World Affairs Journal: Germany and the Holocaust -- Part 1
July 21, 2012, 6:04 p.m. |
Alexander J. Motyl
Rabbis of the Society for the Preservation of Jewish Holy Sites "Athra Kadisha" stand at the site of what is thought to be a mass grave containing 753 Jews killed by the SS near the eastern German town of Jamlitz on April 22, 2009. The victims, mostly from Poland and Ukraine, were held in Lieberose, a subcamp belonging to the Sachsenhausen concentration camp near Berlin. AFP PHOTO DDP / MICHAEL URBAN GERMANY OUT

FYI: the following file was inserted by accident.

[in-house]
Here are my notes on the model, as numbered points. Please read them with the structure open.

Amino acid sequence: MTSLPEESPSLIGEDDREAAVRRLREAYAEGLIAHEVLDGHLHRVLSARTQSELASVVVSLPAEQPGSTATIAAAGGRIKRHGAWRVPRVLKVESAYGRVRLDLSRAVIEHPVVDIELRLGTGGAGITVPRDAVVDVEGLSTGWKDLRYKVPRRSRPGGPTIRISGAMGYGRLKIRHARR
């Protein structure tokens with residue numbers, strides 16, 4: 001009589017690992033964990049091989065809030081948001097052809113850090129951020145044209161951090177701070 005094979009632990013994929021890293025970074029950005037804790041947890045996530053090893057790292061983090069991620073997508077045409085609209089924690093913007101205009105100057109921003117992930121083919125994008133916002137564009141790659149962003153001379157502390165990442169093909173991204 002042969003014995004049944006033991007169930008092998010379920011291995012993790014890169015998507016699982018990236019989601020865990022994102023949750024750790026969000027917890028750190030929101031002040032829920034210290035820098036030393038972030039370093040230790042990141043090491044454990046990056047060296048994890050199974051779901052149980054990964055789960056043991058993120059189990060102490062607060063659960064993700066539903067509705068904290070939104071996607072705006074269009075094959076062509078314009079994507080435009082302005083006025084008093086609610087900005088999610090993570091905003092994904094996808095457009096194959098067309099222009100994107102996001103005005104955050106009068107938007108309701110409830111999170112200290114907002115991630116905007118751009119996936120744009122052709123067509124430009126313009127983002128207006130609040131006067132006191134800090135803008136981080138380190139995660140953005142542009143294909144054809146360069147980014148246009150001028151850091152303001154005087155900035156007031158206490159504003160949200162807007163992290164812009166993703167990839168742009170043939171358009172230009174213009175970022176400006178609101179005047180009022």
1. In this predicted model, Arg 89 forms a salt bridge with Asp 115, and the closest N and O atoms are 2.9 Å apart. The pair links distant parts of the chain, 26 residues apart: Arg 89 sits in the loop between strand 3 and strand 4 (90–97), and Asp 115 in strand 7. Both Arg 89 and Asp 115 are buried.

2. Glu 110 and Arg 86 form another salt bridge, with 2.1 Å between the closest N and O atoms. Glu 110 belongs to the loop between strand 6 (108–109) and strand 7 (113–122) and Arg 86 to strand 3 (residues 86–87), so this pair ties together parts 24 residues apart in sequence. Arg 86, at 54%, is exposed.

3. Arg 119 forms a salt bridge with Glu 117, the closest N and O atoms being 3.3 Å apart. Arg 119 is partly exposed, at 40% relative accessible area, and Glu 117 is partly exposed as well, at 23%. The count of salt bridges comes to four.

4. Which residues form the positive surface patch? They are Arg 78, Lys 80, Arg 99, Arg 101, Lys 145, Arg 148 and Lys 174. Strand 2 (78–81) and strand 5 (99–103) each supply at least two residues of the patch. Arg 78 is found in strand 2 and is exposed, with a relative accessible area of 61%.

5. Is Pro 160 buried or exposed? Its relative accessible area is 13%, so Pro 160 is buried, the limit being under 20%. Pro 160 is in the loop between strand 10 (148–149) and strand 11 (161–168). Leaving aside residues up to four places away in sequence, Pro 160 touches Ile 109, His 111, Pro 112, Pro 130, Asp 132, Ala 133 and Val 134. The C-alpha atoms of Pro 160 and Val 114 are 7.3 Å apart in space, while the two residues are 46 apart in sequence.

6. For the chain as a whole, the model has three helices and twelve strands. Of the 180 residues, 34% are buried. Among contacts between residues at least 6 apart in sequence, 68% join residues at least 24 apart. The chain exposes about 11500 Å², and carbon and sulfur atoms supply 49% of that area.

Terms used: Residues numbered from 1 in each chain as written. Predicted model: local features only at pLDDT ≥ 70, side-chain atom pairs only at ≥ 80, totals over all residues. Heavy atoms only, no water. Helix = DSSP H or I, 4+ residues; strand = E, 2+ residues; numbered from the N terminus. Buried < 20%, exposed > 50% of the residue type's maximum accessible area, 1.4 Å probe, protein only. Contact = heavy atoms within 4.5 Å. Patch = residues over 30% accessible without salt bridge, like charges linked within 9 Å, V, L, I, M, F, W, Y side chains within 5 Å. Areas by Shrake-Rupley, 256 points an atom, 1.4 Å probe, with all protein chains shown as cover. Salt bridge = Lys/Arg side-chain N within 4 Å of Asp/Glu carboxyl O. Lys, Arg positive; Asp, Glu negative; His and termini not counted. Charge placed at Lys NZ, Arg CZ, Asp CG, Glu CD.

Since June 22nd marks the day Nazi Germany attacked the Soviet Union in 1941, it’s an appropriate time to consider the question posed by Paul Hockenos, an accomplished journalist and political analyst in Berlin, in a recent article in the Chronicle of Higher Education: “Can Germany Help Central Europe Confront Its Dark Past?” Unsurprisingly, the answers his interlocutors provide range from “yes” to “no” to “it depends.” The yea-sayers generally argue that the truth is the truth and, if Germans can help promote it, so be it. The naysayers insist that the Germans have no right to preach morality in a region they devastated in two world wars. The it-depends camp says that truth-telling is fine—as long as it’s done with sensitivity and tact. I come down hard in all three camps.
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